Two weeks later, the patient followed up with worsening right thigh swelling and pain following a recent escalation of his physical therapy. A repeat CT scan revealed a recurrent 18 cm intramuscular fluid collection with vessel enhancement and mild fat stranding. A second incision and drainage was performed with evacuation of approximately 1300 mL of old hematoma; cultures were sent at that time and the patient was discharged home. Unfortunately, the patient presented again with recurrent bleeding several days later. Given that the patient had failed conservative management multiple times, the decision was made to proceed to the operating room (OR) for hematoma evacuation and wound exploration. Intraoperative findings were remarkable for a 5 x 4 x 4 cm peri-hematoma mass, which was sent for pathology. He returned to the OR several days later for washout and closure of the right posterior thigh wound with Jackson-Pratt (JP) drain placement.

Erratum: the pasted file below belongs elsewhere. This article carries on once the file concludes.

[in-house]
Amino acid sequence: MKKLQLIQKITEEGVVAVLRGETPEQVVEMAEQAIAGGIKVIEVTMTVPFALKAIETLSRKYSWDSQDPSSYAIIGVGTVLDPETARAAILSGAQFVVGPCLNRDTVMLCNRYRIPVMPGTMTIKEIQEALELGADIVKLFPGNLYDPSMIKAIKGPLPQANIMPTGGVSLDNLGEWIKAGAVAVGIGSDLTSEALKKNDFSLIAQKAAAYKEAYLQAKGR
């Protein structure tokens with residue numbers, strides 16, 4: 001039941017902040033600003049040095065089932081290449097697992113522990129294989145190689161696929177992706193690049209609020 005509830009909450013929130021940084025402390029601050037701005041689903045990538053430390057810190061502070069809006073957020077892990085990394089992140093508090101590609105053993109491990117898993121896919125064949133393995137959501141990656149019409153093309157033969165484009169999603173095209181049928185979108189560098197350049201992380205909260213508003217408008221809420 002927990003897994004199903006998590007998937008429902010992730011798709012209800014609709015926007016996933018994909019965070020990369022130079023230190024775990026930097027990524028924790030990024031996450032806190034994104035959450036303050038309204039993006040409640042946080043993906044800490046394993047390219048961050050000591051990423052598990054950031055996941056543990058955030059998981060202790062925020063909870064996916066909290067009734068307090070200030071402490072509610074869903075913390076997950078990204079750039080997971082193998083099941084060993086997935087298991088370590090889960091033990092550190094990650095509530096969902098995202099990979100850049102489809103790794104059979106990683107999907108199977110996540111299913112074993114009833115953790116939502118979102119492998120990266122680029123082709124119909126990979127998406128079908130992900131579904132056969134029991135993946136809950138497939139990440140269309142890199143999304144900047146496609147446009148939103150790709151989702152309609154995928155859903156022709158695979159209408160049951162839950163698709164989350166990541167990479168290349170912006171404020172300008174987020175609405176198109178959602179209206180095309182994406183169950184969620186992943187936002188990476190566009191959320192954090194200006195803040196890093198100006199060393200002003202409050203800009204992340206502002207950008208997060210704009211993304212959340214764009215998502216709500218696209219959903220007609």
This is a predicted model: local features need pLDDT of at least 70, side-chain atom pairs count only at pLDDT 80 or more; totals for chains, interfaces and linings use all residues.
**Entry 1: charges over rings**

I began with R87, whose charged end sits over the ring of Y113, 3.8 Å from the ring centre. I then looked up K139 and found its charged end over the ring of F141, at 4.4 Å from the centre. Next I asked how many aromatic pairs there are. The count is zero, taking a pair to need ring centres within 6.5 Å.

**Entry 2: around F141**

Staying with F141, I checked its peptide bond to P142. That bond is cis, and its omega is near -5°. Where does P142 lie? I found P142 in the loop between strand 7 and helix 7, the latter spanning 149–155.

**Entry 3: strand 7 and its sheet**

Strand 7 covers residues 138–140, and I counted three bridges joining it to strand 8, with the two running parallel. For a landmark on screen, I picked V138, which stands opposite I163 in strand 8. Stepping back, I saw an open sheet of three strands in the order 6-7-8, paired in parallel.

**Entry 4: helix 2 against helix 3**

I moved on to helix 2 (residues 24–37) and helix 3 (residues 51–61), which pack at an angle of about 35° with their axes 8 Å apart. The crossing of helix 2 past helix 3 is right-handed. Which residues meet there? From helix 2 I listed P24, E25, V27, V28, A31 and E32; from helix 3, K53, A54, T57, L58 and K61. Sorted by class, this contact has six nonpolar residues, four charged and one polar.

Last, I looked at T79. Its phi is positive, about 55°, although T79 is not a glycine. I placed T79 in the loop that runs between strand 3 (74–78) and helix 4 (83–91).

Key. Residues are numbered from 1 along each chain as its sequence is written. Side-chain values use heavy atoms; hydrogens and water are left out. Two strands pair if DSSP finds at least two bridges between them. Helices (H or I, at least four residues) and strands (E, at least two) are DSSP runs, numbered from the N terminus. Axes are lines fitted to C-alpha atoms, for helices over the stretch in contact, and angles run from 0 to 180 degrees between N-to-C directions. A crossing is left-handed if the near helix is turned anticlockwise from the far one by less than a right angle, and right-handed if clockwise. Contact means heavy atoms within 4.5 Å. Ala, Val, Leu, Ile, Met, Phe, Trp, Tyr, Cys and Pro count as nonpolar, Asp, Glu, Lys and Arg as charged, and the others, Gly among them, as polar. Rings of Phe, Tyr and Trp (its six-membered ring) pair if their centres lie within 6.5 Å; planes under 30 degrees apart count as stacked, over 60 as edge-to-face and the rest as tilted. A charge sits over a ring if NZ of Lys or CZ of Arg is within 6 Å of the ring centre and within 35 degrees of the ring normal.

Analysis of the excised specimen revealed fibrin, blood clot, and associated 4 x 2 x 2 cm irregular, flat, partially circumscribed appearing white fibrous connective tissue. Microscopic analysis was consistent with undifferentiated pleomorphic sarcoma, previously known as malignant fibrous histiocytoma, storiform pleomorphic type (Figure 2). Metastatic workup included a CT of the chest, abdomen, and pelvis. Oncology was consulted for evaluation, and recommended outpatient follow-up with an orthopedic oncologist at a large tertiary care center.

Figure 2. An undifferentiated pleomorphic sarcoma with marked nuclear atypia and increased mitotic activity

Discussion